Ozone hole stable, say scientists
Leading scientists in the United States
say the hole in the ozone layer of the Earth's atmosphere above the
Antarctic appears to have stopped widening.
International agreements were reached to end the use of ozone-depleting chemicals called CFCs after the hole was discovered in 1986.
It is hoped the hole may "heal" fully over the next 60 years.
Two of the scientists whose work helped alert the world to the existence of a hole in the ozone layer in the 1980s told a conference in Washington they were hopeful that the ozone layer was recovering.
"I'm very optimistic that we will have a normal ozone layer sometime, not in my lifetime, but perhaps in yours," said Dr David Hofman, who works for the US National Oceanic and Atmospheric Administration (NOAA) as director of the Global Monitoring Division.
Dr Susan Solomon, of the Intergovernmental Panel on Climate Change, said she was also optimistic.
But she added: "There's a lot more to be done from a scientific perspective in terms of what I would call accountability.
"I think it's very important to make sure that we actually measure ozone - not only not getting any worse, but actually starting to improve, to be sure that the actions we have taken internationally have been effective."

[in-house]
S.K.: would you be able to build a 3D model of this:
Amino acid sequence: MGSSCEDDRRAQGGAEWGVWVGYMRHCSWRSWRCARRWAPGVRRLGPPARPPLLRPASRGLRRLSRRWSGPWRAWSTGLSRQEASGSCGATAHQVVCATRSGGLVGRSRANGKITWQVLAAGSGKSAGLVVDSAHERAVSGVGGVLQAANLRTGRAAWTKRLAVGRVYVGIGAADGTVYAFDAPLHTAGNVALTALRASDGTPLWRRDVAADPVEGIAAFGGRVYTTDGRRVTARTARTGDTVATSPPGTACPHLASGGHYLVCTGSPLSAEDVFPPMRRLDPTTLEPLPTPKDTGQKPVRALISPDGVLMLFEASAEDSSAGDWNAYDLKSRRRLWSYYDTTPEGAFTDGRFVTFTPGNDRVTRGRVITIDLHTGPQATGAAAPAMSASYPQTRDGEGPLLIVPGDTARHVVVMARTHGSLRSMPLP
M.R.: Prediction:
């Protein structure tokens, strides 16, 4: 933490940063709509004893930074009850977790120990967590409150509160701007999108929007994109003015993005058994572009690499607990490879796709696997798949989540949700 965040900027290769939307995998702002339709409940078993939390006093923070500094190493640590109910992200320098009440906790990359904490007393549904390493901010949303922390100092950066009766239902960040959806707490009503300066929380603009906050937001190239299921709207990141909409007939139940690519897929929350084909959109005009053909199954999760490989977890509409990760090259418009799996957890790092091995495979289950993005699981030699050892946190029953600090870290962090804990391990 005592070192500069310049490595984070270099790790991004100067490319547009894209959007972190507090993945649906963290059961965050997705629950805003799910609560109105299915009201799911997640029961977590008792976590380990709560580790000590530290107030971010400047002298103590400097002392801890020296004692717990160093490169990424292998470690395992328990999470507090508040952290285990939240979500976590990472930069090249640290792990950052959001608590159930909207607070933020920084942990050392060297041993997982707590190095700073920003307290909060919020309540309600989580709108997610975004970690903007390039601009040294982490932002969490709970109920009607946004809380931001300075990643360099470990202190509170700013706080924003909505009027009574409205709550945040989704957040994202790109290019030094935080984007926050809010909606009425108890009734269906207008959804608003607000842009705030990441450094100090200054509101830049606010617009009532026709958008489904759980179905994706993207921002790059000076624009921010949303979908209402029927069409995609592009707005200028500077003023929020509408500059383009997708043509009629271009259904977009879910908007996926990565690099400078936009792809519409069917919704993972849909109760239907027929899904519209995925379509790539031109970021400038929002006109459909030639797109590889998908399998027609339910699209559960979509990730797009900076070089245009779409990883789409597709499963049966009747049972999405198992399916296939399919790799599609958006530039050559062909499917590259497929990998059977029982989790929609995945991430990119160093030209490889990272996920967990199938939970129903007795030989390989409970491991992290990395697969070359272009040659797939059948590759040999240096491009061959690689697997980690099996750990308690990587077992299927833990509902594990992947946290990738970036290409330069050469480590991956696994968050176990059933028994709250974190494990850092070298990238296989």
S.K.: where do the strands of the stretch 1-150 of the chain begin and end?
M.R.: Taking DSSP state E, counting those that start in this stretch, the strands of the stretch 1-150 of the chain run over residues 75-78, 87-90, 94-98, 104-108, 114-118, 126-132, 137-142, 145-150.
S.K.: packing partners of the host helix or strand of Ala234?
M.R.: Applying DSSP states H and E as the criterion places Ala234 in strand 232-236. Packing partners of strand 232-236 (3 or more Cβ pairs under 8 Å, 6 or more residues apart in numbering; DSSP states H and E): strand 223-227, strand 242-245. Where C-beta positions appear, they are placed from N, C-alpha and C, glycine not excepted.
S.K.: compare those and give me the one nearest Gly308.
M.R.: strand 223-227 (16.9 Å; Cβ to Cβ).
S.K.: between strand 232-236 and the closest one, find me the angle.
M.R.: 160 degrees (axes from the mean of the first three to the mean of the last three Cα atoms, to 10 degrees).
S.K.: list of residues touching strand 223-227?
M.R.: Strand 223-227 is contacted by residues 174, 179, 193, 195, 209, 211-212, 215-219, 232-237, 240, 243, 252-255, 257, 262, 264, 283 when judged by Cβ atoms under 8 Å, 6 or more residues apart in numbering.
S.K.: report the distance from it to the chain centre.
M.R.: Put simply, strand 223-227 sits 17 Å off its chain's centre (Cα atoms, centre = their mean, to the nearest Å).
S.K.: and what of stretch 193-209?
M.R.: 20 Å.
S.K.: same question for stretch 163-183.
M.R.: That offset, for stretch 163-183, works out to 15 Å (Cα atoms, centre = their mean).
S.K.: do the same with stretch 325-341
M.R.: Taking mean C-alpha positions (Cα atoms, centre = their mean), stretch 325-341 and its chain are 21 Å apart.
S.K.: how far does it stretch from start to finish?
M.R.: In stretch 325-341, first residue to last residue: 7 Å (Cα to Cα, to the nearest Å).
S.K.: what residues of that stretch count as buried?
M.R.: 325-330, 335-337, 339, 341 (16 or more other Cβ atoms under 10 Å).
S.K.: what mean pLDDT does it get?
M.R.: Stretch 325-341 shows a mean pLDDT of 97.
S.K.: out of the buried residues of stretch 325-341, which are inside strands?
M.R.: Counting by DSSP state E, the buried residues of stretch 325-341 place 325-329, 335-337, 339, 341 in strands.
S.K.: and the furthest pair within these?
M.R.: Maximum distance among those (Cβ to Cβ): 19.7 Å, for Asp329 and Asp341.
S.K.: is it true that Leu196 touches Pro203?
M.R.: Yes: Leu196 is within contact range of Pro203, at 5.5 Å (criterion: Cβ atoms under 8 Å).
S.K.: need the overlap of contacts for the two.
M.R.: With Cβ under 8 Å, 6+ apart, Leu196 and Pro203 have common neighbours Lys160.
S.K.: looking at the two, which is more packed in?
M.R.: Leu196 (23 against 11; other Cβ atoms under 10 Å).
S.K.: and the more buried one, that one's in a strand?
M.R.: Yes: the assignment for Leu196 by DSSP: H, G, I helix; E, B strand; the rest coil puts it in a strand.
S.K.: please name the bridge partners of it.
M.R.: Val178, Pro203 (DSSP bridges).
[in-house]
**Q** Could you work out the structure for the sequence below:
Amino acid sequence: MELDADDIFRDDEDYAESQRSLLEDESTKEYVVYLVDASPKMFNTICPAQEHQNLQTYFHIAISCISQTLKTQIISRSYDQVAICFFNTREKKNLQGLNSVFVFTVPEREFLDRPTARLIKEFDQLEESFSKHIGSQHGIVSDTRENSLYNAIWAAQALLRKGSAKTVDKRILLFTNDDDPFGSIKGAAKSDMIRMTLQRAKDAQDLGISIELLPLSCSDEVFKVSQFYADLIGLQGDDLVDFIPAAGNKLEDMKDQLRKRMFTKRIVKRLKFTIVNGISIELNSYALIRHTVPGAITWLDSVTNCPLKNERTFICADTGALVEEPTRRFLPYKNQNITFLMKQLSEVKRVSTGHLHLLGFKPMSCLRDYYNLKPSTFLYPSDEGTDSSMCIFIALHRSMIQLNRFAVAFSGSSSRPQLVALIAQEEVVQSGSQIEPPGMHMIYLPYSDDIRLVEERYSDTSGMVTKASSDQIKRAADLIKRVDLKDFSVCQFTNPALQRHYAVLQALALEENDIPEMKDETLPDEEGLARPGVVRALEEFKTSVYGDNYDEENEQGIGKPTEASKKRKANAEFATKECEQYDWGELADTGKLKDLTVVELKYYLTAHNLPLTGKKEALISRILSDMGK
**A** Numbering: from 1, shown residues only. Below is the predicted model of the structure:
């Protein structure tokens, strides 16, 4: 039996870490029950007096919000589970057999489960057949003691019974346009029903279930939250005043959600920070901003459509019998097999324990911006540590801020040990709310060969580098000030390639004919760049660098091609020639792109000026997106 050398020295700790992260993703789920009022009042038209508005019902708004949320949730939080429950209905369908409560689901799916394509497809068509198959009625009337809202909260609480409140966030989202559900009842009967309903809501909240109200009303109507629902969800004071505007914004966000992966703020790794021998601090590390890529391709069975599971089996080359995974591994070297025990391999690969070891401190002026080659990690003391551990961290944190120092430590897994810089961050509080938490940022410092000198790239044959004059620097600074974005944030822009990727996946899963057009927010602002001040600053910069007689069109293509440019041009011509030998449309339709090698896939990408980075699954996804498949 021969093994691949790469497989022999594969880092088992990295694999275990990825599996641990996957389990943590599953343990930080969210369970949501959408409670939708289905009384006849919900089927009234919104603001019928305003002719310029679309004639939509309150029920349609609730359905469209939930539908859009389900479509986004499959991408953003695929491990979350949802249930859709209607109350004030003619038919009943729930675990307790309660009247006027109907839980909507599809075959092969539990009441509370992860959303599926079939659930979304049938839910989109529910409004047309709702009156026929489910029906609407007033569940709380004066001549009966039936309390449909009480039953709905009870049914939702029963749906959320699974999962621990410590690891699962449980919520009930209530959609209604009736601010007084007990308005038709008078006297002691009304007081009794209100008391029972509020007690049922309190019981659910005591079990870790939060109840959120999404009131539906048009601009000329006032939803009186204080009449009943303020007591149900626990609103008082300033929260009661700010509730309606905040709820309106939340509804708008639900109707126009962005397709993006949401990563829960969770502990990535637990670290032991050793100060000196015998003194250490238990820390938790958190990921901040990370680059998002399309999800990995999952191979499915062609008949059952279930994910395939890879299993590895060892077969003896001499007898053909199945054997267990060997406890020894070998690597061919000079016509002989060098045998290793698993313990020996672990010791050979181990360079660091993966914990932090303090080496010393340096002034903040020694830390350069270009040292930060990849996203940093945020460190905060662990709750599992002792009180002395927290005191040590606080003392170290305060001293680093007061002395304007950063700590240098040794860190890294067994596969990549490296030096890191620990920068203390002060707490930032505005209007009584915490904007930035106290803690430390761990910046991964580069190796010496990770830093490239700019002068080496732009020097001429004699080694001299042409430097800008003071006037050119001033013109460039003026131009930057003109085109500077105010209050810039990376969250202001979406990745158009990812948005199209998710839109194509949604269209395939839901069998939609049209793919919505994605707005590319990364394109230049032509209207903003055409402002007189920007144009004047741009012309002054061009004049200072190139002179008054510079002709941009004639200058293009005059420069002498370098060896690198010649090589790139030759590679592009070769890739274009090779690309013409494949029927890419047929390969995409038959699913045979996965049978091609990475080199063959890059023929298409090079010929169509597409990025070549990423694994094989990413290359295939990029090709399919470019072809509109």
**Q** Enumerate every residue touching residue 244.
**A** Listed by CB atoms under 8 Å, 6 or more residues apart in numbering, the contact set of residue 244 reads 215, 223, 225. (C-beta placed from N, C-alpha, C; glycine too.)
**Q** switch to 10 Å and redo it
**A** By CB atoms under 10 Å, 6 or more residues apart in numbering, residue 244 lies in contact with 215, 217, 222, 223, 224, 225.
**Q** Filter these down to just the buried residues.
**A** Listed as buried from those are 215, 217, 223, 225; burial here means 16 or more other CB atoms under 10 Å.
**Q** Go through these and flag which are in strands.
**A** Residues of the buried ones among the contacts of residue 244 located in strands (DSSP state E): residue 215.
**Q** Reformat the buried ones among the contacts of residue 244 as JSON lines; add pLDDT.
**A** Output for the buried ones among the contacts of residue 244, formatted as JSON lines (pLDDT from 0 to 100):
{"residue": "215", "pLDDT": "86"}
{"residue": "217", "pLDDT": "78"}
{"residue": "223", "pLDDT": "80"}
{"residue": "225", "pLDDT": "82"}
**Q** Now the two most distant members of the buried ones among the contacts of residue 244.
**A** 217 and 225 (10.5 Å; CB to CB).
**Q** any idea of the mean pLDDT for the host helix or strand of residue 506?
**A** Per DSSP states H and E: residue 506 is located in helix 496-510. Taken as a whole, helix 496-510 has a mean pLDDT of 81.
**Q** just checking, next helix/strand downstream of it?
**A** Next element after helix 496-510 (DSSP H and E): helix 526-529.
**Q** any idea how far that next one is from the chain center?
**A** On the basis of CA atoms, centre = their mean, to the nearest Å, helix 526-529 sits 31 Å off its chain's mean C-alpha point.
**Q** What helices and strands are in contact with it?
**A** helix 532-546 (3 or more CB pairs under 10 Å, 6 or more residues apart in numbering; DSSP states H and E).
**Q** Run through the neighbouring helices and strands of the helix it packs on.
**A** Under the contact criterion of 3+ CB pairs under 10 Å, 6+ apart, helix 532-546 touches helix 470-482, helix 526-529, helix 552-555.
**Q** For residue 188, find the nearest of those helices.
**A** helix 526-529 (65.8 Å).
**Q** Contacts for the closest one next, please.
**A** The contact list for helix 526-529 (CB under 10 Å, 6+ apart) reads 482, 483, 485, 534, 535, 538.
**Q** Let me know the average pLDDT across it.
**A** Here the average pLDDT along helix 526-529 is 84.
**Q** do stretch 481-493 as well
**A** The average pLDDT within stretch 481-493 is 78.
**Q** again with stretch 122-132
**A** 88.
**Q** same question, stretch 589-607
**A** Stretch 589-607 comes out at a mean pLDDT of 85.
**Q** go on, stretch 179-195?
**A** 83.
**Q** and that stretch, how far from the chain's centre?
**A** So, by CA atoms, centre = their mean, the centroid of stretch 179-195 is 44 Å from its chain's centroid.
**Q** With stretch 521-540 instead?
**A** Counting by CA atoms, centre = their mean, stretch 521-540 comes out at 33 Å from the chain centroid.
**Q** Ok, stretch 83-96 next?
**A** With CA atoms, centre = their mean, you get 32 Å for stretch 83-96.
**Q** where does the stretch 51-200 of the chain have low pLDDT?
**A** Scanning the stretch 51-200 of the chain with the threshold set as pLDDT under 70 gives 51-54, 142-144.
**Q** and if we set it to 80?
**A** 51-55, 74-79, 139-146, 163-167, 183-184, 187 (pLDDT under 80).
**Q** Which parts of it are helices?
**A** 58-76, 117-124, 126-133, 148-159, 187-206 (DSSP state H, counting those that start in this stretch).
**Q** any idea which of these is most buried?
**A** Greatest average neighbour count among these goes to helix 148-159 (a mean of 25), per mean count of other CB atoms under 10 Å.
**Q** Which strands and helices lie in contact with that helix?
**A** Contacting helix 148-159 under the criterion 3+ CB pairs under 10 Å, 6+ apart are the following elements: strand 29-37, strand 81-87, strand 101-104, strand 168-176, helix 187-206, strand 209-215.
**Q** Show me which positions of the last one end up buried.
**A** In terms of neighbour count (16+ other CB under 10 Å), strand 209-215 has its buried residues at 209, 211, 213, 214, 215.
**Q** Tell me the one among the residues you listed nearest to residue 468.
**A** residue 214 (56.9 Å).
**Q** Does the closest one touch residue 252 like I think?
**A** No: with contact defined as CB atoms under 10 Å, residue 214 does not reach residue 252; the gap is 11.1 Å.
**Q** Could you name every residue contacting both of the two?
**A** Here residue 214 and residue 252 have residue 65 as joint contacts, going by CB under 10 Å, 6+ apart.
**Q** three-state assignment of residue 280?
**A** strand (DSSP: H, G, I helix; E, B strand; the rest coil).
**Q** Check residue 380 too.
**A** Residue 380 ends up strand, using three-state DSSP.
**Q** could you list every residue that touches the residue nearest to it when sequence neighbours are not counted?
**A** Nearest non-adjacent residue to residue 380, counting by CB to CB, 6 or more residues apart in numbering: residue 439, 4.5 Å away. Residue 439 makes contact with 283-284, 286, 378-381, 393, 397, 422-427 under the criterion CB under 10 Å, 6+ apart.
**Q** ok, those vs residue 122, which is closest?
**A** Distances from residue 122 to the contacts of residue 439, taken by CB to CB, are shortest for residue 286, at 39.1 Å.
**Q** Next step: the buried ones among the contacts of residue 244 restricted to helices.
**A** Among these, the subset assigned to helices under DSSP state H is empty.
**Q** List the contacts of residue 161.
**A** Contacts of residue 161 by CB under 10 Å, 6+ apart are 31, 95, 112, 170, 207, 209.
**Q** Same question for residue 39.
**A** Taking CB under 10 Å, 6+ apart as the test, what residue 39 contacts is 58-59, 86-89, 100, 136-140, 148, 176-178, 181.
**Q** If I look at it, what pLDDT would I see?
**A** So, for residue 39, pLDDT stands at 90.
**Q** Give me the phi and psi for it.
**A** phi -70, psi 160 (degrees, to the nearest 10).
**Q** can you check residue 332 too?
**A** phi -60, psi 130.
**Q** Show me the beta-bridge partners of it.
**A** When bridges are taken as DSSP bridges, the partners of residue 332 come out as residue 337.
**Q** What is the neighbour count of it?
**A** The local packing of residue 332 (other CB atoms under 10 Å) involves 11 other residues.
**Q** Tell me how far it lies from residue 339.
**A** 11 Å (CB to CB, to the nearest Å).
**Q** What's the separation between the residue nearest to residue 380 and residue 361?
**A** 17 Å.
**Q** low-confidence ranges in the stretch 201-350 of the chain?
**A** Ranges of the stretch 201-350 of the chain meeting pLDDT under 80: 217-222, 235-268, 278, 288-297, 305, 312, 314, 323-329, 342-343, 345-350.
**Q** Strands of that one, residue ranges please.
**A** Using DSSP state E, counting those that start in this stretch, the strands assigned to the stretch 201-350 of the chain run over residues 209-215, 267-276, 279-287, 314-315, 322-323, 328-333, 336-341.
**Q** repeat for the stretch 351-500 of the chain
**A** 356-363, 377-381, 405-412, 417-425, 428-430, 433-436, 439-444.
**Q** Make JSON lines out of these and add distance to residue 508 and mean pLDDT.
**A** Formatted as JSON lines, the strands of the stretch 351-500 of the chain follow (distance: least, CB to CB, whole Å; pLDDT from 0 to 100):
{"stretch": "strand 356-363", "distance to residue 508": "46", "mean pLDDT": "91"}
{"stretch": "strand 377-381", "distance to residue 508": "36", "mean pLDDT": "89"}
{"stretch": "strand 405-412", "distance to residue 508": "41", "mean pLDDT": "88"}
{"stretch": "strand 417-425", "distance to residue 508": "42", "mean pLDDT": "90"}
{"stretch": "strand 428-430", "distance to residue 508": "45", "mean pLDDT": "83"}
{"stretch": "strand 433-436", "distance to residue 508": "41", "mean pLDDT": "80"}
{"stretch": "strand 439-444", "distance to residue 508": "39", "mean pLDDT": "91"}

The two scientists reaffirmed their findings at a news conference to mark the 20th anniversary of their research first alerting the world to the problems of ozone-depleting CFCs.
The NOAA said the improvement in the ozone layer was caused largely by the phasing out of CFCs (chlorofluorocarbons) from products such as aerosol sprays and refrigerators.
The production of these chemicals was restricted by the Montreal Protocol which became effective in 1987 - and is deemed a success.
However, the chemicals brought in to replace CFCs are themselves not benign, and are thought to contribute heavily to global warming.
Ozone is a molecule that is composed of three oxygen atoms. It is responsible for filtering out harmful ultra-violet radiation (less than 290 nanometres) from the Sun.
The gas is constantly being made and destroyed in the stratosphere, about 30 km (19 miles) above the Earth. In an unpolluted atmosphere, this cycle of production and decomposition is in equilibrium.
But CFCs and the other Montreal-restricted chemicals will rise into the stratosphere where they are broken down by the Sun's rays. Chlorine and bromine atoms released from the man-made products then act as catalysts to decompose ozone.
The thinning that occurs over the Arctic has never matched that in the southern polar region and it is expected to recover sooner, sometime between 2030 and 2040.
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